Once you get feedback on a process and you see the feedback is valid, you should act on it quickly. This avoids procrastination and shows your team that you are serious about improvement and encourages them to come forward with their ideas.

Two great resources on process improvement that we recommend are The E-Myth Revisited and Work The System.


Hopefully this article has given you some ideas on how to start down the continual-improvement road. In the next few articles, we’ll be discussing some specifics of project management, including:

  • Improving scoping and scheduling
  • Knowledge transmission
  • Project standardization

Was This Article Helpful?

Security Roots’ founder Daniel Martin conceived and created the open-source collaboration tool Dradis Framework in 2007. The success of that application led to the creation of the Security Roots company and Dradis Professional Edition software.

Over the years, Security Roots has helped hundreds of InfoSec clients improve their team collaboration and report creation processes. If you have any questions about what we do or the solutions we provide, please fill out our Contact Form and we’ll be in touch soon.

If you’ve found this article helpful, please reach out and let us know how the information has worked for you. And keep an eye out for the future articles in this series.

Differentiating Your InfoSec Company: Getting Some “Quick Wins”

(Note: This article is part of a series about differentiating your InfoSec company from competitors and improving your perceived value.)

In our first article, we talked about some of the problems facing InfoSec companies: overseas competition, competition from smaller firms and consultancies, and the commoditization of pentesting in general.

The primary challenge for many InfoSec companies is to stand out–to showcase to current and future clients what makes their service different, valuable, and worth the rates being charged.

The process of re-positioning and differentiating an InfoSec company from competitors will be a long and ongoing process, involving procedural changes and cultural changes. In this article we’ll look at some things you can start doing immediately to gain some “quick wins” at your company.

Plan Quick Wins As Part of a Long-Term Process

Why do most New Year’s resolutions fail? It’s because most people try to implement change suddenly, immediately, and haphazardously, without having an underlying strategy or process.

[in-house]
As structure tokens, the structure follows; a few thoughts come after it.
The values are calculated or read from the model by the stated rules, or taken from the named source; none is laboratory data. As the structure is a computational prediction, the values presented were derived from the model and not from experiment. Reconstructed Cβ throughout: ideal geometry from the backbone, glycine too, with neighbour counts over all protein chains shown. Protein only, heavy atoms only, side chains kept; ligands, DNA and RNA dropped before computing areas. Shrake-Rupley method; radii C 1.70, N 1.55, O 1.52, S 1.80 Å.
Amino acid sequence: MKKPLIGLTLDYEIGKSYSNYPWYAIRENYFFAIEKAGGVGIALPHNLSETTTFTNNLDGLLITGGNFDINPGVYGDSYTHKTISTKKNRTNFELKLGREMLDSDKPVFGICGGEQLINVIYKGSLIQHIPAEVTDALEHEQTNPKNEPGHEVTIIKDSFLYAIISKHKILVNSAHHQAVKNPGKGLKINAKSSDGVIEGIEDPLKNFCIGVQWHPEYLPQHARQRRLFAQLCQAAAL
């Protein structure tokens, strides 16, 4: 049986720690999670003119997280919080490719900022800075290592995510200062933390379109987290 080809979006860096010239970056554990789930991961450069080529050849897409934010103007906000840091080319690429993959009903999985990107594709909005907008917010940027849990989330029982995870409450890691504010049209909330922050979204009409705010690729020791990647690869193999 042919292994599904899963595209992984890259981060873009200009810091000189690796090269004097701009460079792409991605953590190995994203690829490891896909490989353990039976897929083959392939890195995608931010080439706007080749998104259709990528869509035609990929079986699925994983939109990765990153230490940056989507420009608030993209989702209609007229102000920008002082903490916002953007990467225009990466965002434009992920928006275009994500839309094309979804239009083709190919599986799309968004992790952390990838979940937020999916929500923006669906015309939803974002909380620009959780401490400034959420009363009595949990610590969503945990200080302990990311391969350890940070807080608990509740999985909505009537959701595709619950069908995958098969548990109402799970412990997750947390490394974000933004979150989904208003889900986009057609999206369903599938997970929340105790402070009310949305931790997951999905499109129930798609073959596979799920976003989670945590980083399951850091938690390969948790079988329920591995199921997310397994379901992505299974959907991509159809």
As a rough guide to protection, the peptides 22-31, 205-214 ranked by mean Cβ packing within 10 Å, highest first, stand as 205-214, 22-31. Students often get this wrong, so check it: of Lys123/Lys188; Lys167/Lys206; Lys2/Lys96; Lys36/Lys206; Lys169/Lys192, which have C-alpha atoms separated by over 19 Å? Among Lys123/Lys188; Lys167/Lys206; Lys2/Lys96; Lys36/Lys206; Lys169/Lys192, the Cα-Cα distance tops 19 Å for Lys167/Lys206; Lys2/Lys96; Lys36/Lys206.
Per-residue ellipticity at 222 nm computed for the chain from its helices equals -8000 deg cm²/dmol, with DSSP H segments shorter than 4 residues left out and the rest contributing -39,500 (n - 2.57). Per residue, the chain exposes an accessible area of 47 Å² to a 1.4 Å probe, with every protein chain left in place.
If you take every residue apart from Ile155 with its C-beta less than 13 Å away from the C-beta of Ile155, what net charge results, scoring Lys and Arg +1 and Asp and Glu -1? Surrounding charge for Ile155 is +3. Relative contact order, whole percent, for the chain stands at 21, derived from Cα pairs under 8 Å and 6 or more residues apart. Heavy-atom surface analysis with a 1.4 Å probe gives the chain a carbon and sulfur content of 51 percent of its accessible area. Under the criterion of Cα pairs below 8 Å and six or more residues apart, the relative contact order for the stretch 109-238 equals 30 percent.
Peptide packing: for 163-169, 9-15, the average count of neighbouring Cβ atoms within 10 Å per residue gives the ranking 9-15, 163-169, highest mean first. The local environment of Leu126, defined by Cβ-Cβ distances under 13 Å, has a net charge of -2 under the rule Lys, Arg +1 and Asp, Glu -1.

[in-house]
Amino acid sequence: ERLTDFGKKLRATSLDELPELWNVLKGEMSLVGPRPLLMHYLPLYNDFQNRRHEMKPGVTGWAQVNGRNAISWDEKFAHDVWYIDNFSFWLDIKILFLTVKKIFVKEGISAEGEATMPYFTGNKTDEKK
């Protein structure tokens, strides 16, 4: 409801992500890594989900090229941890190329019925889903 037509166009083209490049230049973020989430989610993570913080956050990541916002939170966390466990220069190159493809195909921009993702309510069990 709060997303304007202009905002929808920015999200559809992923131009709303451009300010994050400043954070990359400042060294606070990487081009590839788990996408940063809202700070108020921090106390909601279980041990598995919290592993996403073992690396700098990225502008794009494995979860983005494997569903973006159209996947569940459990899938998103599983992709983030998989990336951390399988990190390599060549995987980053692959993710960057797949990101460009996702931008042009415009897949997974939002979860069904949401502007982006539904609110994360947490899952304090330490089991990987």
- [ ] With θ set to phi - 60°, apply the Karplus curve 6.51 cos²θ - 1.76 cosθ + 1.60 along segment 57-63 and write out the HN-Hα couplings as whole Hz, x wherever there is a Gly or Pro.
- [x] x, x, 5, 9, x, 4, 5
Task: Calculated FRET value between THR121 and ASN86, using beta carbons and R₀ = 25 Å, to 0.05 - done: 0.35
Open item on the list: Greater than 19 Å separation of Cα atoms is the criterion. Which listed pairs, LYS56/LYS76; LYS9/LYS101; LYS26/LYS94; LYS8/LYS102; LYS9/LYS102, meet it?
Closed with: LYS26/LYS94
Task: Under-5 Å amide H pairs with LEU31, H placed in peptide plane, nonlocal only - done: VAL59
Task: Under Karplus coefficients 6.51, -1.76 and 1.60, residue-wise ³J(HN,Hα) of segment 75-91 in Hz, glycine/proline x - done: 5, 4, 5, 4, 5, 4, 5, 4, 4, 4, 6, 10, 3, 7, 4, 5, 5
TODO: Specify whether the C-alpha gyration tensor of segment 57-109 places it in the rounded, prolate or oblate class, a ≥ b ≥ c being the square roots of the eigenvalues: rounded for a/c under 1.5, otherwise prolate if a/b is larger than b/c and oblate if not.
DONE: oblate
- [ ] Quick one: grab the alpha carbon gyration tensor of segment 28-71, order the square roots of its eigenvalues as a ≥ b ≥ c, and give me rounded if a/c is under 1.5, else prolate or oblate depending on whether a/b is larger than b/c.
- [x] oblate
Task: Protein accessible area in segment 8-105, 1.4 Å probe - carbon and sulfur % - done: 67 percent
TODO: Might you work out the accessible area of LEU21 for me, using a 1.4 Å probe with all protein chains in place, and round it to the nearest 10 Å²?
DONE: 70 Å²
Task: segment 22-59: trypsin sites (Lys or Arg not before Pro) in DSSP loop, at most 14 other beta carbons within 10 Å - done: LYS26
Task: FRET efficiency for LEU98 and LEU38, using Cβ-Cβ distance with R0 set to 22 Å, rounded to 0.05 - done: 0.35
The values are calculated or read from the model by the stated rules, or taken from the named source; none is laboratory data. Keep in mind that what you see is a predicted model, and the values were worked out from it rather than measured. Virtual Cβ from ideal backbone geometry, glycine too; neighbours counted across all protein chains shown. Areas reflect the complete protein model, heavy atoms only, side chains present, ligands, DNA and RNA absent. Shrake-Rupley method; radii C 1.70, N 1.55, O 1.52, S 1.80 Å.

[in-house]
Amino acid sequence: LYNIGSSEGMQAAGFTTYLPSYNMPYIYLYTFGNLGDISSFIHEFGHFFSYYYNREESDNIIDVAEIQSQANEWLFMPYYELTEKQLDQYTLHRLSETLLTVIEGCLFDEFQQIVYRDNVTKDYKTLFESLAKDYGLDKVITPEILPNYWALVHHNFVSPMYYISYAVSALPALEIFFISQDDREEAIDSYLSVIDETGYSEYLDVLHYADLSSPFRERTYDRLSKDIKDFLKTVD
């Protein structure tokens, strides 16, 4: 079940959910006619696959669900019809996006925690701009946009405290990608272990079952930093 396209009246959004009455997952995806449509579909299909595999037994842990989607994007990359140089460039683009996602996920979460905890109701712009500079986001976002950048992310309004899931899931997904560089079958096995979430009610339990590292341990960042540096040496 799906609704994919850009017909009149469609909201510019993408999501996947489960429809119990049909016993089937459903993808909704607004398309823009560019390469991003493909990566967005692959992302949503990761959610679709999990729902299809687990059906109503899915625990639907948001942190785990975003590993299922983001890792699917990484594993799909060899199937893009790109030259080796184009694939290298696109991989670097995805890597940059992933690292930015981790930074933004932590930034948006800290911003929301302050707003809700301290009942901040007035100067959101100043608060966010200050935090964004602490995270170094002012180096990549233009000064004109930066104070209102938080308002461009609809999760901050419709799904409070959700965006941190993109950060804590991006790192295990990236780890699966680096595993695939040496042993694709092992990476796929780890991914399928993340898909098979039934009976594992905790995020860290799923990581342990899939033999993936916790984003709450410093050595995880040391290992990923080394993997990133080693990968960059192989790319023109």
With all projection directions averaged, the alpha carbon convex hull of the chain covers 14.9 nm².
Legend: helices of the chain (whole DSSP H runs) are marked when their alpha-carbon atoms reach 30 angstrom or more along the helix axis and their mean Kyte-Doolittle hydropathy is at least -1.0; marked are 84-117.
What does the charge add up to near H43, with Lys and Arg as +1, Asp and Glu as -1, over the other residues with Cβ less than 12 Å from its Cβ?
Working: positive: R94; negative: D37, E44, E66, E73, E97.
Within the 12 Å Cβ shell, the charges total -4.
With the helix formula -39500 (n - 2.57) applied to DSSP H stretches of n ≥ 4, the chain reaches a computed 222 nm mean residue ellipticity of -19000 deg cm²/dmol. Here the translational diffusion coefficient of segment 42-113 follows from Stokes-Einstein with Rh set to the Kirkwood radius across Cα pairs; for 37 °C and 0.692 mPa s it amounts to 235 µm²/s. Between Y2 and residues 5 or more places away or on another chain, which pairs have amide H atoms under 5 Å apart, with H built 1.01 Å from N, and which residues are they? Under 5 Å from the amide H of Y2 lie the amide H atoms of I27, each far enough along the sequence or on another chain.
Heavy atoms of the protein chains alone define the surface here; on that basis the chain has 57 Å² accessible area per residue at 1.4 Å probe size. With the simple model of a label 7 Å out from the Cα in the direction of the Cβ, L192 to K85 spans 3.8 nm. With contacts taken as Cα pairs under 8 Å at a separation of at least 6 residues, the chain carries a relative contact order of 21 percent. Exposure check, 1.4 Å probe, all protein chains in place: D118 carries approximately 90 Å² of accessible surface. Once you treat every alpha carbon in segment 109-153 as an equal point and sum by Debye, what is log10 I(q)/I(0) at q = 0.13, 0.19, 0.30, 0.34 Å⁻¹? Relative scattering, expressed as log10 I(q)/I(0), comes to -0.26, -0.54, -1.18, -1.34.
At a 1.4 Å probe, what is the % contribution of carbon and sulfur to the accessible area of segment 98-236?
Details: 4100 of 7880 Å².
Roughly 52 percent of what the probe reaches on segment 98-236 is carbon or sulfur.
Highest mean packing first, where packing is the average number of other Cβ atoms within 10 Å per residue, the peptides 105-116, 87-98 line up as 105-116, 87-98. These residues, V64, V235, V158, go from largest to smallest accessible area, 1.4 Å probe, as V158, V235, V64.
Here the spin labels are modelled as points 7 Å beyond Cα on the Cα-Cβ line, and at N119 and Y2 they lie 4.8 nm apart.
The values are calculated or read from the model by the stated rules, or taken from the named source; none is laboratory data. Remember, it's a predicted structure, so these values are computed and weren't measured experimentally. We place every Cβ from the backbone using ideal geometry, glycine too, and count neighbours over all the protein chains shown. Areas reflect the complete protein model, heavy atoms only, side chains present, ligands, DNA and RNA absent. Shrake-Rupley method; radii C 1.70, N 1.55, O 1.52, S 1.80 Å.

When trying to change an organization’s processes and philosophy, you should remember that the actions you take today should be part of a deeper, longer-term strategy. Immediate actions are great, as long as they are part of a sustained push towards continual improvement.

There are a few dangers in attempting to implement organizational changes without having a broader plan:

  • You might alienate your technical team. If they are used to doing things “their way”, drastic attempts to change their behavior will likely alienate them and ultimately fail.
  • You might cause disruptions to projects and workflow. If you attempt to implement change too rapidly, your team will be confused and work quality will suffer, and this will probably be noticed by your clients.

Your attempts at quick wins should be focused on:

Demonstrating value to your clients. Improving your client’s experience and perception of your company is key to the differentiation process. You want to, above all, make sure your changes are positively influencing your clients’ experience.

Demonstrating value to your team members. The more you can show your team why your changes are valuable and necessary, the more likely it becomes that they will absorb those reasons and make them their own. You want to make it as painless as possible for your team to implement the changes.

Most of the quick wins we will look at will involve gathering information, whether from clients or from team members. This is usually the lowest-hanging and most valuable fruit. Asking questions and gathering information gets you clear on the direction you should be heading in and the steps you should be taking next.

Focus On Core Competencies

What does your company do best? What are your strengths? Having core competencies and a niche sets you apart from your competitors and gets you greater attention.